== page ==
New Afghanistan policy of Donald Trump is going to put pressure on Pakistan

President Donald Trump speaks to the media in the lobby of Trump Tower in New York, Tuesday, Aug. 15, 2017. (AP Photo/Pablo Martinez Monsivais)

New Delhi: The new policy on the war in Afghanistan by US President Donald Trump is going to have plenty of steps designed to coerce Pakistan’s military and intelligence services. With this move, they will not be able to support the Taliban and its affiliated jihadist networks in a way that they are doing right now.

If experts are to be believed, few operational instructions of the new strategy are expected to be spelt out in the speech, but Trump could signal his desire once again to destroy jihadist infrastructure beyond Afghanistan’s borders – in practice, by escalating drone strikes in the north-west region of Pakistan.

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President Trump outline the policy in a televised speech. On an interesting note, this is only the second of his time in office – from Fort Myers Base in Virginia to an audience of soldiers and their families.

His speech is all set to announce a modest increase in troop numbers, and above all once again reaffirming its financial commitment to the Afghan military’s counter-terrorism campaign.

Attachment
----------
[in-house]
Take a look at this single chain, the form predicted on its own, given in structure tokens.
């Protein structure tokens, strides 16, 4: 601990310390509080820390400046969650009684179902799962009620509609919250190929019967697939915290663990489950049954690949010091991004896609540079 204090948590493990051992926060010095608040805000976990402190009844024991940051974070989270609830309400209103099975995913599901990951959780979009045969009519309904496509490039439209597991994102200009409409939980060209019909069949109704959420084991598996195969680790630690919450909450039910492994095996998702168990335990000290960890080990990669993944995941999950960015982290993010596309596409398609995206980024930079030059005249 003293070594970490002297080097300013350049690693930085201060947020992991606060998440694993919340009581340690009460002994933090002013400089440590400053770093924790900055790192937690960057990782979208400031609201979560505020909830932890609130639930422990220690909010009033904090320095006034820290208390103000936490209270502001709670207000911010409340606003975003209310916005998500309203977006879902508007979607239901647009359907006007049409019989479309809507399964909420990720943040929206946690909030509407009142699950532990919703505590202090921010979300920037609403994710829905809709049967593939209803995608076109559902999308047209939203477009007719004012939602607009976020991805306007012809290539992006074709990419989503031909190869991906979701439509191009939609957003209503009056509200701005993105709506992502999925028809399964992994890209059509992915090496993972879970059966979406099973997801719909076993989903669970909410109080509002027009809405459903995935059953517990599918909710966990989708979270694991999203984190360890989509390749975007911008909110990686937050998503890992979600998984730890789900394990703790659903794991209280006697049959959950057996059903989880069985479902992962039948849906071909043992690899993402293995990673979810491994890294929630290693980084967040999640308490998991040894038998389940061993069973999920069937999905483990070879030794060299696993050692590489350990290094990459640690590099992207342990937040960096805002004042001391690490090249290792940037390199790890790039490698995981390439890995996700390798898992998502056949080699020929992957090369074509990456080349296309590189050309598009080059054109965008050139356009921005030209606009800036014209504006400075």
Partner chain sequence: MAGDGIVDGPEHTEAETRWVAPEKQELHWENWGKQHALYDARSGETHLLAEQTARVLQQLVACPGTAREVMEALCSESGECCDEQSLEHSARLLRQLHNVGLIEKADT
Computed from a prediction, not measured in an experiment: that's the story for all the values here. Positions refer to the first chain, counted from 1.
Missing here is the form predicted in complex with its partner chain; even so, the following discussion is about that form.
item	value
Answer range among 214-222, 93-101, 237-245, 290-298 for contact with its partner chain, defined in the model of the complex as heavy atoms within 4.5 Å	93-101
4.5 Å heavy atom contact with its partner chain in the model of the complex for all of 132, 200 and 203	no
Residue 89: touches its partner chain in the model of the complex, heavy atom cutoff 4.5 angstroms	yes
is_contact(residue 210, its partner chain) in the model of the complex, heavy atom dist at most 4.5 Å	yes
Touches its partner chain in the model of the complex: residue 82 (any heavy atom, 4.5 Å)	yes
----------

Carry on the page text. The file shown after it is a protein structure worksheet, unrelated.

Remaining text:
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Not much of a surprise that the speech is being watched closely by PM Narendra Modi ’s national security advisors, who have been telling US on a constant basis that the fall of the Afghan government is not going to be good as it will destabilise south and central Asia.

President Trump’s decision was made few days back, where the hard line counselled by his National Security Advisor, Lieutenant-General Herbert McMaster, prevailed over more cautious voices.

After discussion with Pakistan Army chief General Qamar Javed Bajwa in April, McMaster publicly chastised the country’s leaders, saying that “the best way to pursue their interests in Afghanistan and elsewhere is through diplomacy, not through the use of proxies that engage in violence”.

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“I am very comfortable that the strategic process was sufficiently rigorous,” Defence Secretary Jim Mattis said en route to Jordan.

 

 

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